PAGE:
- The Washington Times - Wednesday, June 21, 2000

It's tough to write parody in Washington these days. A parody is supposed to be a literary work that exaggerates the characteristic style of an author for comic effect or ridicule. Only in Washington does it become an exemplar for presidential policy-making.

Last week, in this space, I pretended to propose a travesty of a liberal spending program. I suggested just giving $30 billion a year away to people to put in private-sector investments for retirement, since we have nothing better to do with "excess income tax revenues." This week Al Gore has announced a plan to give away $200 billion over 10 years to people to put in private sector investments for retirement, a plan made possible by the growing income-tax revenue surplus.

Of course I am not suggesting the vice president borrowed the idea from my column. He and his staff assuredly have better things to do with their scarce and fleeting moments than to read my little whiffers, effronteries and emendations on the news. No, what gives one pause is that at almost the same moment that I was sitting at my computer, chuckling over my silly little liberal spending parody, the Gore policy brain trust in dark blue suits and long, serious faces must have been presenting the virtually identical idea to the vice president of the United States of America. And he must have been nodding, seriously and slowly, his assent.

This Gore proposal does have, however, the redeeming value of casting a useful light on the state of the Bush/Gore contest. According to Reuters news service, the Bush camp immediately attacked the Gore proposal as a further example of Mr. Gore's flip-flopping, unsteady, focus group-driven mentality.

The Bush camp points out that only weeks ago, Mr. Gore was condemning Mr. Bush's Social Security proposal for permitting limited investment in the stock market. In this proposal Al Gore is reversing himself and coming out for the same thing, if funded differently. Mr. Bush and his spokesman, Ari Fleischer, emphasized Mr. Gore's "change of positions," reliance on "polls and focus groups" and unsteadiness. Driving home the key message point that Mr. Gore is as steady and reliable as a grasshopper in heat Mr. Fleischer points out, "This is the third position [Mr. Gore] has taken in the past six months on the soundness of having an investment in the market."

Apparently, being a compassionate conservative precludes calling the other fellow a liberal, so Team Bush doesn't accuse Mr. Gore of the "L" word. Let me point out, then, that the difference between Mr. Bush's investment proposal and Mr. Gore's is that Mr. Bush is fiscally responsible by relying on funded Social Security payroll tax revenues, while Mr. Gore follows the liberal shibboleth that grabbing general revenues is "free money."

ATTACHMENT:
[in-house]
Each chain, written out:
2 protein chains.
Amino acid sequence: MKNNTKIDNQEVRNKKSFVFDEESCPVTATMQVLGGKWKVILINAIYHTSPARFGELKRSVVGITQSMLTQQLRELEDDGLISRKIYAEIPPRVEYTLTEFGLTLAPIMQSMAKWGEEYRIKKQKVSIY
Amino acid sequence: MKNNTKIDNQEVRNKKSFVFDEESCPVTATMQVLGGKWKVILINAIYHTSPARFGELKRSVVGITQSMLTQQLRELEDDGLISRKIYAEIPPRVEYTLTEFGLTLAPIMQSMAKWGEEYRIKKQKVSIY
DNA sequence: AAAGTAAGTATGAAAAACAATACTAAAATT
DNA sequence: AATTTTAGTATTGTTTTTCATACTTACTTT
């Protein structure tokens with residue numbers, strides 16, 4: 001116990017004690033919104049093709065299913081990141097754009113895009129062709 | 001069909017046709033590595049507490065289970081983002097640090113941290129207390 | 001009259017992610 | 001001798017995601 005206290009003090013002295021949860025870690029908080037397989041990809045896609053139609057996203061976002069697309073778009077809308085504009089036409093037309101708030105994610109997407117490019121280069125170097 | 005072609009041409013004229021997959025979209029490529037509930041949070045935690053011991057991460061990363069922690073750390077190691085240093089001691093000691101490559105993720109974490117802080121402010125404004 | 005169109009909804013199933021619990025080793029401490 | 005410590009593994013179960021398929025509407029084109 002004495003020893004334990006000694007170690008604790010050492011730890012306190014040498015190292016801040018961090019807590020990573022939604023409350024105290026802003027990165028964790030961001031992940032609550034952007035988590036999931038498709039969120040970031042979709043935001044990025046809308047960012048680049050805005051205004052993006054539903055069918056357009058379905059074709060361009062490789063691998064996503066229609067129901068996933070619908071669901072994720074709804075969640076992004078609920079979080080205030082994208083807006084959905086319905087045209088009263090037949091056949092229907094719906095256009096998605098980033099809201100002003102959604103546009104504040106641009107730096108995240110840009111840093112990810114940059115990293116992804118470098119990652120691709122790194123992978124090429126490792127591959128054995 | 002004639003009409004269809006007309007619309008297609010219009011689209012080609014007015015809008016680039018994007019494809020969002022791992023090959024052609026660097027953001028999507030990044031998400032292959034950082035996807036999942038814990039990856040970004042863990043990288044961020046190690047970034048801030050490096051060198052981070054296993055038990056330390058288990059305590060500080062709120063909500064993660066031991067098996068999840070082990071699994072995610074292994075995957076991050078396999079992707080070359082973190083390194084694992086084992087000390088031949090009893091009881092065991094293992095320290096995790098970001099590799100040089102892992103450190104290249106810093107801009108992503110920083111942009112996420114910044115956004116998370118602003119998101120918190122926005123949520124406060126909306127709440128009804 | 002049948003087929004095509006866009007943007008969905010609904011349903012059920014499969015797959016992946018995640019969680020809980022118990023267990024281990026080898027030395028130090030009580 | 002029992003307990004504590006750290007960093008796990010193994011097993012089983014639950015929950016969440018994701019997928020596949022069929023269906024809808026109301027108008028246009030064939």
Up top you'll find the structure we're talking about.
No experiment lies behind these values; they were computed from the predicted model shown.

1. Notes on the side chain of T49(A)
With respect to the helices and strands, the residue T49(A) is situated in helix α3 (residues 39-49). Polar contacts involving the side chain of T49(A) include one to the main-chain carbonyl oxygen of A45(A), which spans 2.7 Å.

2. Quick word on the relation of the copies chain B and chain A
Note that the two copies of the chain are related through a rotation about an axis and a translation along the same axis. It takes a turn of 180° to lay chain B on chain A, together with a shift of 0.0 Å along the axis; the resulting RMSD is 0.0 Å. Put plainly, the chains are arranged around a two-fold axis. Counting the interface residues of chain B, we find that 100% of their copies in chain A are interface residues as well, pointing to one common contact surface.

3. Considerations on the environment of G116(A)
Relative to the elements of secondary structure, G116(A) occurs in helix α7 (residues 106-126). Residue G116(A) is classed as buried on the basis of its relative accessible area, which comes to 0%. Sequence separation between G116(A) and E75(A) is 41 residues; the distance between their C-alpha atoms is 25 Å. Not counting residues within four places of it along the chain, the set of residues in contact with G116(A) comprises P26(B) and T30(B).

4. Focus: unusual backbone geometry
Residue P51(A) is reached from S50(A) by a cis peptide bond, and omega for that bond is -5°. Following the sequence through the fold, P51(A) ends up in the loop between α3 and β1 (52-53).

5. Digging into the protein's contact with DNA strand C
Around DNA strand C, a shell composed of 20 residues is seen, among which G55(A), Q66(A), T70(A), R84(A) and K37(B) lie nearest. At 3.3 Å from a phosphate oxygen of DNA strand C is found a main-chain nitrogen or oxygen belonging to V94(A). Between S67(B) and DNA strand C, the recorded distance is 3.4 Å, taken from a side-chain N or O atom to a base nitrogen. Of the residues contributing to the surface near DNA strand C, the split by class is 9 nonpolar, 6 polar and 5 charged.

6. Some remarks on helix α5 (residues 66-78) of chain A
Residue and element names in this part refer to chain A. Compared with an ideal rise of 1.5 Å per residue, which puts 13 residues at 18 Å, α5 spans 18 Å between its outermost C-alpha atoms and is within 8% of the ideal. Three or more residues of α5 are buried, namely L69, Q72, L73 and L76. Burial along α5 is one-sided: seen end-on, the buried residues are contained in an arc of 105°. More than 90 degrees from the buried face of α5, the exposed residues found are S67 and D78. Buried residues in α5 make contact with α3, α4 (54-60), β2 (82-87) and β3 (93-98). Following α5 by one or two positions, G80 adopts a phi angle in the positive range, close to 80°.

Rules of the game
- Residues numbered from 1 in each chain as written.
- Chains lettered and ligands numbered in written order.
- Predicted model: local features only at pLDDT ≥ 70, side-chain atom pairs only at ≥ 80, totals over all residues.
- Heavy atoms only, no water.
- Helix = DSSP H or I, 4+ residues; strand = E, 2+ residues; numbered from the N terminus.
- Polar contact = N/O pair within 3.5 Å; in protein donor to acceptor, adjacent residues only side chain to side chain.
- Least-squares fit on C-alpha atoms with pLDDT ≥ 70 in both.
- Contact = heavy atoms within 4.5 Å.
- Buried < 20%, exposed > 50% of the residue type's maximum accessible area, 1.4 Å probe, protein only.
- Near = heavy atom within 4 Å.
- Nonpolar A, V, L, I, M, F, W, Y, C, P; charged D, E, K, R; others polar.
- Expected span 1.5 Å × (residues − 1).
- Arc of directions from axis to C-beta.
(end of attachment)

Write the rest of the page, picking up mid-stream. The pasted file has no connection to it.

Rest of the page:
Meanwhile the vice president's policy spokeswoman, Sarah Bianchi, gamely responded: "This is not Social Security … It is called Retirement Savings Plus … This is in addition to Social Security." She completed her defense of Mr. Gore's copycat Social Security revision proposal with the howler: "The vice president's long standing [sic] position is that Social Security is a benefit that should be secure …" Ms. Bianchi's ability to deny flatly the obvious suggests a future career in Hollywood as a publicist specializing in defending sequels as "unique and seminal film events."

There is not a single piece of this story that works for Mr. Gore's candidacy. First of all, the fact that a Democratic Party presidential candidate has to play catch-up on the issue of Social Security should (and does) send chills down the backs of Democratic Party professionals.

Second, by changing his position on Social Security, misstating what he is doing and then denying the foregoing obvious points, Mr. Gore has opened himself up to a highly visible personal critique of all the weakest aspects of his image: a poll-driven politician who doesn't know his own mind and will do and say anything to get elected. A solid majority of the public either has, or is about to, come to the conclusion that Mr. Gore is weak, indecisive and lacks leadership ability. For the Gore team to bring those very weaknesses to the Social Security issue is a blunder of the first water. Social Security was to be a major issue for Mr. Gore. From now until the election, he cannot engage that issue without opening the door to a Bush reminder of those Gore personality weaknesses.

While Mr. Bush has not yet convinced a majority of the public that he is ready to be president (Ronald Reagan didn't accomplish that for himself until October of 1980), he is on the brink of convincing the public that they would prefer not to give the job to Mr. Gore. This puts the vice president in the awkward position of having to return to his harshly negative campaign against Mr. Bush a tactic by which both the press and the public are primed to be repelled.

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